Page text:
One step from the Europa League Final in 2016 and we draw Villarreal in the semi’s. I knew it was in Spain and I also knew it was somewhere down the coast towards Valencia but that was about it. Plans were soon hatched to fly to Barcelona and make the beautiful train journey down that coast to Castellon de la Plana, just a few miles outside Villarreal itself.
Sunshine on a rainy day
At Barcelona train station, which was a very wet Barcelona, we grabbed the usual lunch and Spanish beers to take with us on the journey south from a shop I had used on previous visits to Catalonia.
We checked into our hotel (which was a short walk from the train station) on arrival, ditched the bags and a few beers were consumed in the spring Spanish sunshine before a taxi ride the few miles to Villarreal. A few lads had gone the beach for the morning, which was only a short walk from the town and we met up with them later in Villarreal itself.
A few years earlier the small town of Villarreal had a really good football team. In fact, I’d even travelled to the Camp Nou to watch Barcelona vs Villarreal play in an exciting 1st vs 2nd La Liga clash. These days, even though they had reached the semi-final, the team was rebuilding after relegation to try and match those heady times of a few years earlier.
We all live in a yellow submarine
Villarreal itself is a small town, with virtually nothing to do besides have a pre-game drink with family and friends in the two main squares. One of the squares was a few hundred meters from the ground, whilst the second housed the then wonderfully named El Madrigal. Each square was awash with travelling Liverpool supporters but plenty of ‘spares’ seemed to be floating about.
The ground is a steep, old looking ground, surrounded by mainly residential area. It seems almost shoehorned in to the Villarreal old town, which little room to spare. We (Liverpool) were assigned the upper tier behind the goal, which afforded great views of the surrounding area but wouldn’t be any good for anybody with a fear of heights. It reminded me of Standard Liege but that’s a story for another day.
The yellow colouring of the ground plus the bright yellow kit lends itself perfectly to their nickname of The Yellow Submarine. A bit of Liverpool and The Beatles in a remote town in Spain, how perfect and apt for the visit of the reds.
I can’t see there being any room to expand the ground or even modernise it due to it’s location. I think that is what gives it its appeal and character. Any new ground I would guess in the future would probably be located outside the centre but with such a small population I’m not even sure a bigger capacity or stadium would be necessary.
I predict a riot (not)
The police, dressed in full riot gear, were out in force on the night, probably worried about an ‘English’ team being in town but despite their presence everything was good natured and passed peacefully. We also had to endure what seemed about 5 security check points outside the ground but I suppose you can expect that these days in a European game.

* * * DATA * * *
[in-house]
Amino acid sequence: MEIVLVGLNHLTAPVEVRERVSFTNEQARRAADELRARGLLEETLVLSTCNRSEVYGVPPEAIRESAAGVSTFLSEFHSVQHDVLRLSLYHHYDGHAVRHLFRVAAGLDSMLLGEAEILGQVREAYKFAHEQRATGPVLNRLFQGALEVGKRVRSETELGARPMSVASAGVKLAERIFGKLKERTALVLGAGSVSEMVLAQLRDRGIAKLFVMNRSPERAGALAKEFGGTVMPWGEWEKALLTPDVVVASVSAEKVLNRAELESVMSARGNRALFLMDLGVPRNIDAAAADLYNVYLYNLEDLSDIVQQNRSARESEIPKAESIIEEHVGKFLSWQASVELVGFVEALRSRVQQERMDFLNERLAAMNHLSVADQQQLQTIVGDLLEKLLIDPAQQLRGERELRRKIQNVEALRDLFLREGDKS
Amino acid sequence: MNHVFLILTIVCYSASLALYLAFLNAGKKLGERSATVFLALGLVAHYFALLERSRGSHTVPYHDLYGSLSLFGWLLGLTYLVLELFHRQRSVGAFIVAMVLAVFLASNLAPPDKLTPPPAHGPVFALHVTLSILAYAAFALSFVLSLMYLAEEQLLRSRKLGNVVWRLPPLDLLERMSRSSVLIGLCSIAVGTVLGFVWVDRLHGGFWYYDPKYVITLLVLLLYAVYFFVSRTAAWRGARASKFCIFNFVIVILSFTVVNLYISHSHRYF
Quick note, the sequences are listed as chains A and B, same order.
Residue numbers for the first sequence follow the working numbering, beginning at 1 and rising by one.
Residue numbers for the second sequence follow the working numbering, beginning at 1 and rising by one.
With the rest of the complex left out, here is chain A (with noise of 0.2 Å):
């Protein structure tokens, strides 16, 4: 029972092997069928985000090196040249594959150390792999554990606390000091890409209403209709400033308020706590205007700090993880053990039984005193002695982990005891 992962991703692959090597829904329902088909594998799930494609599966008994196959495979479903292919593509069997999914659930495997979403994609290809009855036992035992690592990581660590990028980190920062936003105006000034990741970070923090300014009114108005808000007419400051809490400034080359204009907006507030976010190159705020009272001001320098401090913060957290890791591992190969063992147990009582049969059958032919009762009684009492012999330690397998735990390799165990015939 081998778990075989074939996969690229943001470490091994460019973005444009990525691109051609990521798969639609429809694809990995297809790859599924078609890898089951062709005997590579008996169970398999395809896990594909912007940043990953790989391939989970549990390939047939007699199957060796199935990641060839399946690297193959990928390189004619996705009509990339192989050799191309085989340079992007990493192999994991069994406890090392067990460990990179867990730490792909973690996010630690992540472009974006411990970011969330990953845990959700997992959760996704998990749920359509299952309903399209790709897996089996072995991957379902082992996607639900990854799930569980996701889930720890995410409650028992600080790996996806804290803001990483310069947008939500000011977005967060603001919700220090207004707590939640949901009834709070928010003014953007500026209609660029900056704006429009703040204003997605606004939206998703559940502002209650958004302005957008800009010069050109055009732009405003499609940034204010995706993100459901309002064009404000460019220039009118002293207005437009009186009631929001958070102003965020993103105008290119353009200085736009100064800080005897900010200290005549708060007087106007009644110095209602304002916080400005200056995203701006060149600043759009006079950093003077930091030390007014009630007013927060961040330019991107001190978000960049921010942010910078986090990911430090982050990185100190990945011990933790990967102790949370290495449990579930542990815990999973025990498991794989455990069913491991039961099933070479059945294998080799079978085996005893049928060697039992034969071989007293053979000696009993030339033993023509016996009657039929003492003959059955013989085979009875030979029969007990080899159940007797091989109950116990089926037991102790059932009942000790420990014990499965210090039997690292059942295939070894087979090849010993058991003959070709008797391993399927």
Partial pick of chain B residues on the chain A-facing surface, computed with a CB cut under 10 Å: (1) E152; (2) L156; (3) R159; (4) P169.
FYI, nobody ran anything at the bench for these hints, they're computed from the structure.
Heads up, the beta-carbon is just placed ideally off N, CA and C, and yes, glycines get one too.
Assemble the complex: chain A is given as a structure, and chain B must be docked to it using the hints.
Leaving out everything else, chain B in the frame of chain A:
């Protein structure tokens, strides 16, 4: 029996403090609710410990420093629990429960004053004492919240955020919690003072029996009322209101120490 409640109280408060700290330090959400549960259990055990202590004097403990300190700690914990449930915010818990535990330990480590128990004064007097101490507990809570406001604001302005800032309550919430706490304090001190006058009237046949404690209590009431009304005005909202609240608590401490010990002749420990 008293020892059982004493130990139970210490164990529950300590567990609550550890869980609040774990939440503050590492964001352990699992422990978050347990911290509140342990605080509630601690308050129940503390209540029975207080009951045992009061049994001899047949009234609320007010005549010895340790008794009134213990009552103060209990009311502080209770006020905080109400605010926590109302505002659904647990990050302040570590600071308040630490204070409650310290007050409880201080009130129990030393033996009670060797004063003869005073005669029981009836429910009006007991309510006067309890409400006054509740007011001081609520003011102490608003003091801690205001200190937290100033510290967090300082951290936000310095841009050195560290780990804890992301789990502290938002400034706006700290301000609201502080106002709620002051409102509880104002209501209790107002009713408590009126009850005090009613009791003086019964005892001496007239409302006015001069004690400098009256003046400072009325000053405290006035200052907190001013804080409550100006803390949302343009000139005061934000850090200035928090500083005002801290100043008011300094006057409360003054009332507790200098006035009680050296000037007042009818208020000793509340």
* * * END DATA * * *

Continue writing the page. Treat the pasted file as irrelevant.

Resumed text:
The atmosphere inside the ground was far from a semi-final one and the home fans were disappointing until a late goal sealed them a slender 1-0 home victory to take into the second leg. Only when they scored did the fans really explode into life and get behind their teams with minutes remaining.
Our end was the usual mixture of singing, drunken humour and the odd flare or two.
We weren’t overly concerned losing the game because both teams had been disappointing and with the return leg being at Anfield, we were confident of progressing. We were proven to be correct with a comfortable 3-0 victory in the reverse fixture, that took us into the final in Basel.
After the game we parked ourselves back in the square adjacent to the ground for, yes you guessed it, a few more beers. It was a relaxing atmosphere, with the beers coming in huge plastic 1 litre glasses and despite the defeat our spirits were high.
A ghost town
Now it was late on a Thursday night and besides the bar we were in, absolutely nothing else was open. It was literally a ghost town and we started to wonder how we would get back to our hotel with no taxies about. We hatched a (great – sarcasm) plan to walk up the main road out of Villarreal and somehow thumb a taxi down.
15 minutes’ walk later and still no joy until a car screeched in front of us and we hopped in. Now I’m no expert and I’d had about 10 pints at this stage but I was sure this wasn’t a taxi. We ‘negotiated’ with the driver to take us back to our hotel area, which he did in the most dramatic fashion possible. Think Lewis Hamilton on speed (the drug I mean) and you’d be about halfway there. An absolute crazy driver but we weren’t bothered, we’d soon be tucking into some post-match food.
We got back to near the hotel and in broken Spanish we gave him the €20 we had promised but boy, he wasn’t happy. He must have miss heard us when we said 20 but he wasn’t getting a cent more. Food (and more beers) were consumed and off to bed for a decent night kip.
The return journey was again via Barcelona. So, heavy-eyed and weary we boarded the morning train back up the coast, a quick look around Barcelona and then off the airport for the evening plane back to the UK.